Mixed in with the magical element, there is a lot of quite sound advice about how and why attraction works, making this a useful self–help guide for the flirt–challenged in the woefully unmagical world of teen dating.
After having been away all summer, Lucy’s boyfriend, Alex, dumps her on the first day of her sophomore year, just when she has decided she is ready to lose her virginity to him. Lucy thinks her life is over until three magnetic and beautiful girls with magical powers reach out to her, give her a makeover, and invite her into their Secret Sisterhood of Heartbreakers. The catch: she must break a boy’s heart within seven days and bring them his tears for a potion. The girls spend their time psychoanalyzing and manipulating boys, as well as offering Lucy advice (“Be confident and believe in your own beauty.... Turns out the deodorant commercials were right”). While Lucy remains hopeful that she can win Alex back and questions the society’s motives, someone is falling in love with her. Set over the course of a week, Weingarten’s (Wherever Nina Lies) second novel is tense yet comforting. As Lucy is challenged to break out of her shell, the author’s meditations on love, heartache, choice, and power will hit home with teens. Ages 13–up. (Jan.)
Lucy starts her sophomore year with a planto lose her virginity to her boyfriend Alex. Alex also starts the year with a planto break up with Lucy. Embarrassed and broken-hearted, Lucy meets up with three strange classmates who claim to be able to heal her heart, but only if she can get a guy to fall in love with her and break his heart within seven days. At first, Lucy balks at the plan, but then she gets the brilliant idea that she will use the magic the girls promise her to get Alex to fall in love with her again and hold on to him for good. Things do not quite work out the way she plans in this paranormal romance. Although the backdrop of the book is magical, Lucy learns some real life lessons. She starts the week very naive and insecure, but by the end of the seven days, she has realized that love does not mean being someone's biggest fan and always trying to please him. Lucy becomes a much more independent and powerful girl. The story starts slow but picks up speed quickly and the three girlsthe sisterhoodare interesting characters. They are much more mature than Lucy and their lack of parental involvement leads to a lot of drinking, cursing, and late hours. Nothing is out of character, and the language makes sense for the story, but it makes this a definite teen and not tween book. Reviewer: Jen McIntosh
Gr 8 Up—In the first pages of this tale, Lucy Wrenn's heart is broken by her boyfriend, Alex, who has been away for the summer and whose affections have drifted elsewhere. She is shattered by his indifference and feels that she will never bounce back. Soon she is approached by a mature group of girls who offer to help her find a way not only to recover, but also to protect herself from heartbreak again. They are a coven of sorts, girls who use magic to break boys' hearts in order to heal (and numb) their own. Lucy accepts their help, which takes her on an emotional journey that leads to a sort of superficial healing, even if it does not make her any wiser in terms of her relationships. Although Lucy's story might appeal to those looking to avoid the pain of unrequited love, the novel leaves an impression that being mean is good entertainment (in fact, the girls refer to this as "fun mean") and that navigating relationships is best done via trickery. While heartbreak is a universally understood topic, the novel falls short of providing readers with more than a shallow treatment of it, especially because Lucy's subservience to her man is not really overcome, but merely transferred to the sisterhood. Still, fans of Meg Cabot's Jinx (HarperCollins, 2007) may enjoy reading about the sisterhood's magical antics, as well as fans of all things witchy.—Nora G. Murphy, Flintridge Sacred Heart Academy, La Canada-Flintridge, CA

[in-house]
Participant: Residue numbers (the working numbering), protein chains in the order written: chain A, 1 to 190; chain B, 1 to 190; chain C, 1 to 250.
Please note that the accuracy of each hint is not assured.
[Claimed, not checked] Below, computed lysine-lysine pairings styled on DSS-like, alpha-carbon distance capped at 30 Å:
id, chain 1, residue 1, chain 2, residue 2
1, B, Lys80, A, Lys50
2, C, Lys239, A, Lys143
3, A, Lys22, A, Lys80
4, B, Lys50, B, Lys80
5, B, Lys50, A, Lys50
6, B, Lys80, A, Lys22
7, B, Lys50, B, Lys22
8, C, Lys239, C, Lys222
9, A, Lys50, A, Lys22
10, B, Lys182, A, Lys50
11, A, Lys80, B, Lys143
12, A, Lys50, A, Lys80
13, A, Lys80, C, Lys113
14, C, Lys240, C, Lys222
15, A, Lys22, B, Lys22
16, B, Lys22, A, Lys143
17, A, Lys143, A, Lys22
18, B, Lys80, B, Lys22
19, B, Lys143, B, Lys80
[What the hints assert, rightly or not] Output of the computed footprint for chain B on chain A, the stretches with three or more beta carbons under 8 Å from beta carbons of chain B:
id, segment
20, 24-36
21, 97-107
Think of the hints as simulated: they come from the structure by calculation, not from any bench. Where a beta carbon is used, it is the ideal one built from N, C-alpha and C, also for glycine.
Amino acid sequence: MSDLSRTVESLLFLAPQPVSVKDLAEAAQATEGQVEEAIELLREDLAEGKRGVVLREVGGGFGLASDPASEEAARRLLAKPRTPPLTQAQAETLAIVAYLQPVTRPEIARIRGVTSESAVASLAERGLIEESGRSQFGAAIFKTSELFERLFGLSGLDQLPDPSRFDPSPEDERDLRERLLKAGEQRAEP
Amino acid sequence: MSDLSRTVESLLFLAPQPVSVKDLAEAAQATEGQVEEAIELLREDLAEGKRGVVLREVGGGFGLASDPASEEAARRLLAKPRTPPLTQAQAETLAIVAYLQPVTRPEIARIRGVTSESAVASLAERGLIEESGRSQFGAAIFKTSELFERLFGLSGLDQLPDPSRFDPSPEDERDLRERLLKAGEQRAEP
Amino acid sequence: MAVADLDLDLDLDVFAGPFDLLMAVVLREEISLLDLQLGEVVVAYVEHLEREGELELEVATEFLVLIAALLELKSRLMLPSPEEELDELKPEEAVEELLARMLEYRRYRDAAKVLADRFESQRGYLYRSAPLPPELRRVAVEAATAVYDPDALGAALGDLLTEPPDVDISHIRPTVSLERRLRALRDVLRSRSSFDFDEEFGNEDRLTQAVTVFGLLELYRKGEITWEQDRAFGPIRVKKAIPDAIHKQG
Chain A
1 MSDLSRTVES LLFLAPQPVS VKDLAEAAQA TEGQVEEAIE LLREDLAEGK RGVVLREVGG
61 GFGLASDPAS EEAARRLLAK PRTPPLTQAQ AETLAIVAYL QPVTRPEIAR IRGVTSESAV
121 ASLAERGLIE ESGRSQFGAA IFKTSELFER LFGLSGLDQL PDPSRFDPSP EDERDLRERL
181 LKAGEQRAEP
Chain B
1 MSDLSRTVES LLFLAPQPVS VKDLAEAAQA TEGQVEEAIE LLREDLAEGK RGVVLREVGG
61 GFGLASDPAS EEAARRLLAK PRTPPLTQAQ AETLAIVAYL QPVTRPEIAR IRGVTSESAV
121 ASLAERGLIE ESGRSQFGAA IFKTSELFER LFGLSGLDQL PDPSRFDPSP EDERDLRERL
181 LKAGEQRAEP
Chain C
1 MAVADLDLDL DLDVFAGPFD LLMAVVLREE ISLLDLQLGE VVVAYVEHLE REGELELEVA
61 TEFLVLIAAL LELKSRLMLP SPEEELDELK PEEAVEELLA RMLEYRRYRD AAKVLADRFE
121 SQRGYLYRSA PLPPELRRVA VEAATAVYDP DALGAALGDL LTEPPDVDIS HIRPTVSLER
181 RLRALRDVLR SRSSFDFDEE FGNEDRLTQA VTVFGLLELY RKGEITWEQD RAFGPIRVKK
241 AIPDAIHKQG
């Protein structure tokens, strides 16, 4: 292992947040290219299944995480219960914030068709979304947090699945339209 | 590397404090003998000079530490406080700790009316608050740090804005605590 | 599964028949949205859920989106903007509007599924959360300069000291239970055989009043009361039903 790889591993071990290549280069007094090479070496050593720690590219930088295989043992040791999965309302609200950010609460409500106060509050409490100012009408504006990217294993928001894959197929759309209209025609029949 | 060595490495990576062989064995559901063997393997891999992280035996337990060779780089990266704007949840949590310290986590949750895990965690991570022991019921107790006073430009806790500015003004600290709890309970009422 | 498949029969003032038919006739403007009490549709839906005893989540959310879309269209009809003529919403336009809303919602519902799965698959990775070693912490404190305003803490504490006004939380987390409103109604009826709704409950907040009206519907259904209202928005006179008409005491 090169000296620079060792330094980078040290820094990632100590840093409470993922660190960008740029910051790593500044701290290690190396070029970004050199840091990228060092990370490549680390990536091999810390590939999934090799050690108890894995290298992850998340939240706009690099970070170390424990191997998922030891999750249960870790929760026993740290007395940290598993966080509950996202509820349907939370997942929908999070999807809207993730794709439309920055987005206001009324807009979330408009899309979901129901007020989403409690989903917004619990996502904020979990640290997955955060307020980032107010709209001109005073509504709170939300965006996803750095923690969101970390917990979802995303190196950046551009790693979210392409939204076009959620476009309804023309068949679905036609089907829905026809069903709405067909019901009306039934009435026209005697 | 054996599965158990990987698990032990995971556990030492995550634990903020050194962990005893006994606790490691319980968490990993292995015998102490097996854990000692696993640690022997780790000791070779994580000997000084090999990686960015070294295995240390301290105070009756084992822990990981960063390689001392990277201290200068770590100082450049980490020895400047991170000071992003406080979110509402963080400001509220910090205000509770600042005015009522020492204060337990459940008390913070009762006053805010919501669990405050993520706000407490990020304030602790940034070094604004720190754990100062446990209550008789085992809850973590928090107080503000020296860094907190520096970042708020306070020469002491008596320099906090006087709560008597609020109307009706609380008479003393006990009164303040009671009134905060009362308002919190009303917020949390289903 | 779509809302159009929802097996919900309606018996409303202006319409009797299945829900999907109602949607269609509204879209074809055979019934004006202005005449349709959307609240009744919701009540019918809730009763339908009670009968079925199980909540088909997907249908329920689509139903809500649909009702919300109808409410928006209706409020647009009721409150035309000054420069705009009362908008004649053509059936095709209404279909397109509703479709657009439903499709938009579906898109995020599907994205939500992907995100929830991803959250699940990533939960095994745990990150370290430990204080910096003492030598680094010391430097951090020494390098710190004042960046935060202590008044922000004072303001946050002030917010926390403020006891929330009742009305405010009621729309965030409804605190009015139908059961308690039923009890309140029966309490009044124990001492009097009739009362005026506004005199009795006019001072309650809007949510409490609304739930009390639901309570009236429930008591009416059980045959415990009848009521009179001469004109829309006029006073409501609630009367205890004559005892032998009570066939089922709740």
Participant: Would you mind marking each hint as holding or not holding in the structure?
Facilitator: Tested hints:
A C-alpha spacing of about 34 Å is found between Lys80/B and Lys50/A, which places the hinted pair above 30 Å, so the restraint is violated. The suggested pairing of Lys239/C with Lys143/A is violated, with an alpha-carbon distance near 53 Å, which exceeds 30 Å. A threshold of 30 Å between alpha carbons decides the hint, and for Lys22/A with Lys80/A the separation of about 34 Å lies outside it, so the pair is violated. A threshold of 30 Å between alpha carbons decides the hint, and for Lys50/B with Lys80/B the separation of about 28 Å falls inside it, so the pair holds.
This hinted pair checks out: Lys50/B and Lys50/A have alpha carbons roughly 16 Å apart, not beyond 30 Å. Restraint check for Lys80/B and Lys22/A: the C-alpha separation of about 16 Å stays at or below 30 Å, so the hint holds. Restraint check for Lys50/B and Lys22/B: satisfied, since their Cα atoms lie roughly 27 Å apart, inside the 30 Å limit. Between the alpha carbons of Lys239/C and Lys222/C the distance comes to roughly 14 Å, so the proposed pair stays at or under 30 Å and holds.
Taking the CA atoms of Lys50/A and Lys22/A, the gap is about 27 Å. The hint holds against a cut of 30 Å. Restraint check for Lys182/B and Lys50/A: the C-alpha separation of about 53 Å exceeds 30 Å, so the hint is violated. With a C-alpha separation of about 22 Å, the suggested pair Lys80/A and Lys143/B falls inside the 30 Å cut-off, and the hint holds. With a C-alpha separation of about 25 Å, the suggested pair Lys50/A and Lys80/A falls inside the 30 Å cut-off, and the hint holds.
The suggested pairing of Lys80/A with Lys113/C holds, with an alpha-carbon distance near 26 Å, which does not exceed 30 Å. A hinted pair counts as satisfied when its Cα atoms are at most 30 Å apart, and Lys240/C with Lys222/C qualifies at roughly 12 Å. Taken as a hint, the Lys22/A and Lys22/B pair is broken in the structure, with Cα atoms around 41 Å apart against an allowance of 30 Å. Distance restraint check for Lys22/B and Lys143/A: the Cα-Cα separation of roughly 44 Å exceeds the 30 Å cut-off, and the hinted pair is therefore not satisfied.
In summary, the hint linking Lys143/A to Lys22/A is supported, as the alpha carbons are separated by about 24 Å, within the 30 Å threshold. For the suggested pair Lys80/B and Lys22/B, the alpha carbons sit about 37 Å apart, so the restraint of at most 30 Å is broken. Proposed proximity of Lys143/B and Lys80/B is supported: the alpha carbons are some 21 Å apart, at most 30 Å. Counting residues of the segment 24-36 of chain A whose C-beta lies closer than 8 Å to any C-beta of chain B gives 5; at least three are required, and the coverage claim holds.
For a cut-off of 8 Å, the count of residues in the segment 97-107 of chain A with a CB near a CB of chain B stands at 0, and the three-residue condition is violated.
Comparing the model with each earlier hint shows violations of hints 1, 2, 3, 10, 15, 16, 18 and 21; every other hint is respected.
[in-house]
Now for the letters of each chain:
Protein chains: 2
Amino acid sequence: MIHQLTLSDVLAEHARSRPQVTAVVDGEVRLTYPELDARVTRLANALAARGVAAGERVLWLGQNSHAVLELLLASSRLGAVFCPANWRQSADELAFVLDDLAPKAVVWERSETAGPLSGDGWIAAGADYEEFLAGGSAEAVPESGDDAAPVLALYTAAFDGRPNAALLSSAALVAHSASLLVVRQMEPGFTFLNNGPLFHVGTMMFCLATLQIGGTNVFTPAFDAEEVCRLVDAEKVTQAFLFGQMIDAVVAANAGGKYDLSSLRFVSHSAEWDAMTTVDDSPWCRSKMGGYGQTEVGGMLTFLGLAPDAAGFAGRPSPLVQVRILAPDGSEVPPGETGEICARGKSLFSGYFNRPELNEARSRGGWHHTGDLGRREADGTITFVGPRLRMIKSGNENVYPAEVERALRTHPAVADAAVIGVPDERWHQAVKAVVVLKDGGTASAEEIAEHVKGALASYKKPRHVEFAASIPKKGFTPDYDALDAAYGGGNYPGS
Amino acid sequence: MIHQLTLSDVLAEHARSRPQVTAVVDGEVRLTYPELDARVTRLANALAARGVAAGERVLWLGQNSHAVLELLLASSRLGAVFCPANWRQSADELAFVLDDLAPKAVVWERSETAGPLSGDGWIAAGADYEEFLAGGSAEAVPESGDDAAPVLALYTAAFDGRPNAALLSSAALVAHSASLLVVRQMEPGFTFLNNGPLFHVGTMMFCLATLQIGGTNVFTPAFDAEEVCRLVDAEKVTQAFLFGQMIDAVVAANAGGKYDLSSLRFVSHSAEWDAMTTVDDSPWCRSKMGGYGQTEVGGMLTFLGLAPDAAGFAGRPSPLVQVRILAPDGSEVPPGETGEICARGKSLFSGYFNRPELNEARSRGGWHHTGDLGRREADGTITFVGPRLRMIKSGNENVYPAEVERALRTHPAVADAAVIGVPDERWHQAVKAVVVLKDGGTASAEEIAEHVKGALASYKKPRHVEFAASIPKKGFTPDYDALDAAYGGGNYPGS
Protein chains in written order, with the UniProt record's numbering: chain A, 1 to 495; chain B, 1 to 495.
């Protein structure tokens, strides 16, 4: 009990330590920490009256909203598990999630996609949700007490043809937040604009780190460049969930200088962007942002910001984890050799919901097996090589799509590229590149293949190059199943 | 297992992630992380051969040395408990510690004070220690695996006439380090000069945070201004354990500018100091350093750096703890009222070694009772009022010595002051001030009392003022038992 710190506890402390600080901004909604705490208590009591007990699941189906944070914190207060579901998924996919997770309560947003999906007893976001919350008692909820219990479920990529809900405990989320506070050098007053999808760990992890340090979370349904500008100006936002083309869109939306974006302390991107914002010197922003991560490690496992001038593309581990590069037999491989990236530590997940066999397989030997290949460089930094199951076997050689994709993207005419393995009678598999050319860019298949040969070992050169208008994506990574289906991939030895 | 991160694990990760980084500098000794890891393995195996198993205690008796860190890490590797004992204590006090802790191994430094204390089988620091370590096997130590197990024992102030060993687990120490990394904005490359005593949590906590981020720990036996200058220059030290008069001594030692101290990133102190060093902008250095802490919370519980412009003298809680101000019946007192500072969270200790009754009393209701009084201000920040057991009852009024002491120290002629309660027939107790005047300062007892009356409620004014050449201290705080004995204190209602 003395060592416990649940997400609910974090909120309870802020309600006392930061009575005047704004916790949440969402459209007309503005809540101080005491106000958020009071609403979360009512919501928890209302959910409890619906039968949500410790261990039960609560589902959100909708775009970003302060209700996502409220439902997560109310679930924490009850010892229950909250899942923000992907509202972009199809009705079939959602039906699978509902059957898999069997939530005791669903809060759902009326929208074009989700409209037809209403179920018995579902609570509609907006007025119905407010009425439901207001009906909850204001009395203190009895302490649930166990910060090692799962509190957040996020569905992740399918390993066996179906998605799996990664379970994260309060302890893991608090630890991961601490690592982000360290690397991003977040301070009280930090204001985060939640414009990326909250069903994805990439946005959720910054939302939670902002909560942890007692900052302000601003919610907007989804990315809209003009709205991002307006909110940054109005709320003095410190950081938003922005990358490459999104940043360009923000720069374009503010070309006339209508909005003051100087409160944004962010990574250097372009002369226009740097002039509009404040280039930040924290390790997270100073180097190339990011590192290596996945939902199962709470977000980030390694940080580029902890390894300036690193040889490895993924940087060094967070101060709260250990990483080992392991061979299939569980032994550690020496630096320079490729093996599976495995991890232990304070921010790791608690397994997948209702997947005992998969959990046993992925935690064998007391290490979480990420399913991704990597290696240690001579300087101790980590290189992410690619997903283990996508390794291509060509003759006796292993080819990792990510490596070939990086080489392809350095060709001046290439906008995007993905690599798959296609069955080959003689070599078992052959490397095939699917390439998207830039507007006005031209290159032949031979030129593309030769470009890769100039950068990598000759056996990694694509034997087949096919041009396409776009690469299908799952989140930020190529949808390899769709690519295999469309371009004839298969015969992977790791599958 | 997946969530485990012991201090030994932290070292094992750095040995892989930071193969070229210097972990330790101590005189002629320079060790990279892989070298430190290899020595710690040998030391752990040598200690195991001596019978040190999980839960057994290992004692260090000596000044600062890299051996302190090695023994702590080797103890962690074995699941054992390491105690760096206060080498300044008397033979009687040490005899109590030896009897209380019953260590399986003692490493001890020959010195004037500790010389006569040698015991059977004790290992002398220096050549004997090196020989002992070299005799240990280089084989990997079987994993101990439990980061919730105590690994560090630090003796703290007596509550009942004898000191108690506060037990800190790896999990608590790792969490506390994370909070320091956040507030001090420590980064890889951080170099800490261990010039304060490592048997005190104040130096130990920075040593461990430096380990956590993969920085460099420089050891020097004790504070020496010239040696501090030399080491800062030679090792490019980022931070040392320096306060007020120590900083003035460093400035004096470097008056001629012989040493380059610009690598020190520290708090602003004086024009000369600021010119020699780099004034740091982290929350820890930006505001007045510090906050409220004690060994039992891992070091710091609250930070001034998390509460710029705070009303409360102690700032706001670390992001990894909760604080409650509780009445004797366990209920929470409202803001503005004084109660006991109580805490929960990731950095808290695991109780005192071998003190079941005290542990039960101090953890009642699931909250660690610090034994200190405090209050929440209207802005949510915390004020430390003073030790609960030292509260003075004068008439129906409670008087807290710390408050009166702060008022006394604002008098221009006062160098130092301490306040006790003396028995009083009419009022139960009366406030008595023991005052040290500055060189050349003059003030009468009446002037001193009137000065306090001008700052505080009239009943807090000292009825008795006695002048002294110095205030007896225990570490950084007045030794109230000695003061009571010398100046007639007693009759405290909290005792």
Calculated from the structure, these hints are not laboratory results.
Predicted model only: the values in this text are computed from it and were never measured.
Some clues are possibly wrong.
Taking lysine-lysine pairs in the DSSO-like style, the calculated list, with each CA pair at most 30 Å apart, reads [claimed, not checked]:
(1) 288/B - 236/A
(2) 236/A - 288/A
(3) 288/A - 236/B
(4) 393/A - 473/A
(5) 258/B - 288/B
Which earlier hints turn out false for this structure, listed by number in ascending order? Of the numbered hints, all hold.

High-school temptresses wield magic to emancipate a lovelorn girl from her pain in this finely wrought tale. Weingarten (Wherever Nina Lies, 2010) begins like the Old Testament, an apt reference for a story rich with spirituality and what are for sophomore, Lucy Wrenn, challenges of biblical proportions. Lucy is desperate to win back Alex, who dumps her on the first day of school. In sentient and original metaphors, Weingarten evokes the poignancy of unrequited love so well that readers will cheer Lucy on in her mission to satisfy the mandates of the trio of glamorous girls comprising the eponymous sisterhood. Lucy can thus attain enchantments to use on Alex. The tale has its Mean Girls moments when Lucy's teetering virtues shine through, but nothing is entirely what it seems and readers can determine themselves whether the sisters are friends or foes. Shy and unassuming, Lucy struggles to flirt as instructed, in hopes of joining their ranks, and readers who enjoy fashion and cosmetics will relish her physical transformation. Lucy's journey celebrates the complexities of friendship and family and teaches her to appreciate the ordinary. Surprises and close calls abound as Lucy's priorities evolve and Weingarten raises questions teens will enjoy considering. An exciting and inspirational must-read that begs a sequel. (Paranormal romance. 12 & up)